Could It Be?

Vanguard has just released their annual report – “How America Saves” – which is a review of the defined contribution plans that they administer. There are some very troubling statistics in this analysis.

The U.S. equity market, as measured by the S&P 500, has enjoyed a tremendous rally since the depths of the market correction that bottomed in March 2009 appreciating 9.1% per annum.  For the last 5 years through May 31st, the S&P 500 is up 13.0% annualized. Unfortunately, participants in the DC space don’t appear to have benefited to the same extent.

If one looks at those participants closest to retirement in the 55-64-year-old category, average balances have grown by only $22,000 ($190,000) since 2007, while median balances have actually fallen, and are currently only $71,100. Remember, Vanguard is catering to larger organizations, whose employees are likely better compensated while being provided more retirement education, yet account balances remain modest.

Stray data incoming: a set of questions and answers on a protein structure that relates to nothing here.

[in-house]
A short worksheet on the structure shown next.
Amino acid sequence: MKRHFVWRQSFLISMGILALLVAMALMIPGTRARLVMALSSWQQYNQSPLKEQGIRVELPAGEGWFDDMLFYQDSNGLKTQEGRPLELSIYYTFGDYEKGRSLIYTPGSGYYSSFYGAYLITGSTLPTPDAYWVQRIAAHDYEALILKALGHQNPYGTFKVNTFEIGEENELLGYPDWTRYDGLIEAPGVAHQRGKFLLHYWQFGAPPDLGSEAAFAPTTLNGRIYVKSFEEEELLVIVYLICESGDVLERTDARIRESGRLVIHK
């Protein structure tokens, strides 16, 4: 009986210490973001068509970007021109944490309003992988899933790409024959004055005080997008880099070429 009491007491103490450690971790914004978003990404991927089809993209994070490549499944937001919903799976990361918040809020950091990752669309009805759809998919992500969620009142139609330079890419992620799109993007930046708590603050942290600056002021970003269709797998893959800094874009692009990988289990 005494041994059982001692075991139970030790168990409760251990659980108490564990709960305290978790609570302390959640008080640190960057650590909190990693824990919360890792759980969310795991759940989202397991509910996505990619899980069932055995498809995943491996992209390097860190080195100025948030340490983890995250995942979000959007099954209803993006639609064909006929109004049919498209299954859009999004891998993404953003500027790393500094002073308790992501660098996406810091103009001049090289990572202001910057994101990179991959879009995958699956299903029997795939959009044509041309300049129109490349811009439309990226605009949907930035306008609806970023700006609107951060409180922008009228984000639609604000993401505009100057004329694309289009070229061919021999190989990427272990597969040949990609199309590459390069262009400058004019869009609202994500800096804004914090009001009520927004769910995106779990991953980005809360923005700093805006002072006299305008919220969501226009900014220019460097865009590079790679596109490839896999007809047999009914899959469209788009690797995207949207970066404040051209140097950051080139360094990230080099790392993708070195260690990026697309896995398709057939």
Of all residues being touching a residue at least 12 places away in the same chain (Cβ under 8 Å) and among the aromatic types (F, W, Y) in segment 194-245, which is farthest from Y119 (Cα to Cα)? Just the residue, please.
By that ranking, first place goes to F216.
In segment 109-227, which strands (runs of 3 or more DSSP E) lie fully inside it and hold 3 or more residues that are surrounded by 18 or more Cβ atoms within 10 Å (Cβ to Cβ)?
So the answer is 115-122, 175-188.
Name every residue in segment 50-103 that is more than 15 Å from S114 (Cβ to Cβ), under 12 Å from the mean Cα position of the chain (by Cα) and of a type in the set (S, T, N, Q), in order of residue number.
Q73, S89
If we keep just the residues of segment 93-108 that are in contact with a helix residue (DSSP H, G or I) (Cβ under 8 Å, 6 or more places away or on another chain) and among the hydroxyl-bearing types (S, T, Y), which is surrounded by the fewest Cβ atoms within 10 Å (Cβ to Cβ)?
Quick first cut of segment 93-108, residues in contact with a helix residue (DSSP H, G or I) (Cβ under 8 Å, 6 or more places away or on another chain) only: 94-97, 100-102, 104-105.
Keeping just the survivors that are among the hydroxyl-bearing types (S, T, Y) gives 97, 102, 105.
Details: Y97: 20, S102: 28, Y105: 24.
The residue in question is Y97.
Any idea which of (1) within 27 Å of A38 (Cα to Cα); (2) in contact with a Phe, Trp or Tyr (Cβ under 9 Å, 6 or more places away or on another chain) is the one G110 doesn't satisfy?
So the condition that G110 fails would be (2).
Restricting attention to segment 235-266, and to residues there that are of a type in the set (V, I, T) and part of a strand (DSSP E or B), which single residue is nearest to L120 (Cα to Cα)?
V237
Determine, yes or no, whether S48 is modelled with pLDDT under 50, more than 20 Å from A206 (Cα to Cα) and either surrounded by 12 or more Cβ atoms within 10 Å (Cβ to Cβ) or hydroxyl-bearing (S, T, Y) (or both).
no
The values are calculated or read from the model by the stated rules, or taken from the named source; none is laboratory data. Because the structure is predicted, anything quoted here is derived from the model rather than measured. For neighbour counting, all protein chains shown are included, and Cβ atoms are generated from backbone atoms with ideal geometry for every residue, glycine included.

When looking at all workers who have a plan with Vanguard, the average balance has only grown by $11,000 since 2007, while the median balance has actually fallen by nearly $3,000 per participant. Some of the decline in the median account balance may reflect greater participation in plans as auto-enroll features ramped up. But, when factoring into the equation the millions of American workers who don’t have access to an employer-sponsored plan or those who don’t participate in their company’s plan, you can quickly see why there is a retirement crisis unfolding.

It is really silly to believe that an employee contributing 3% or 4% per annum will be able to create a retirement balance close to what they actually need to replace 60%-70% of their final income. What we are seeing is the creation of anemic account balances that need to be turned into an income stream to be used in conjunction with Social Security benefits. This combination isn’t likely to be nearly enough.

 

 

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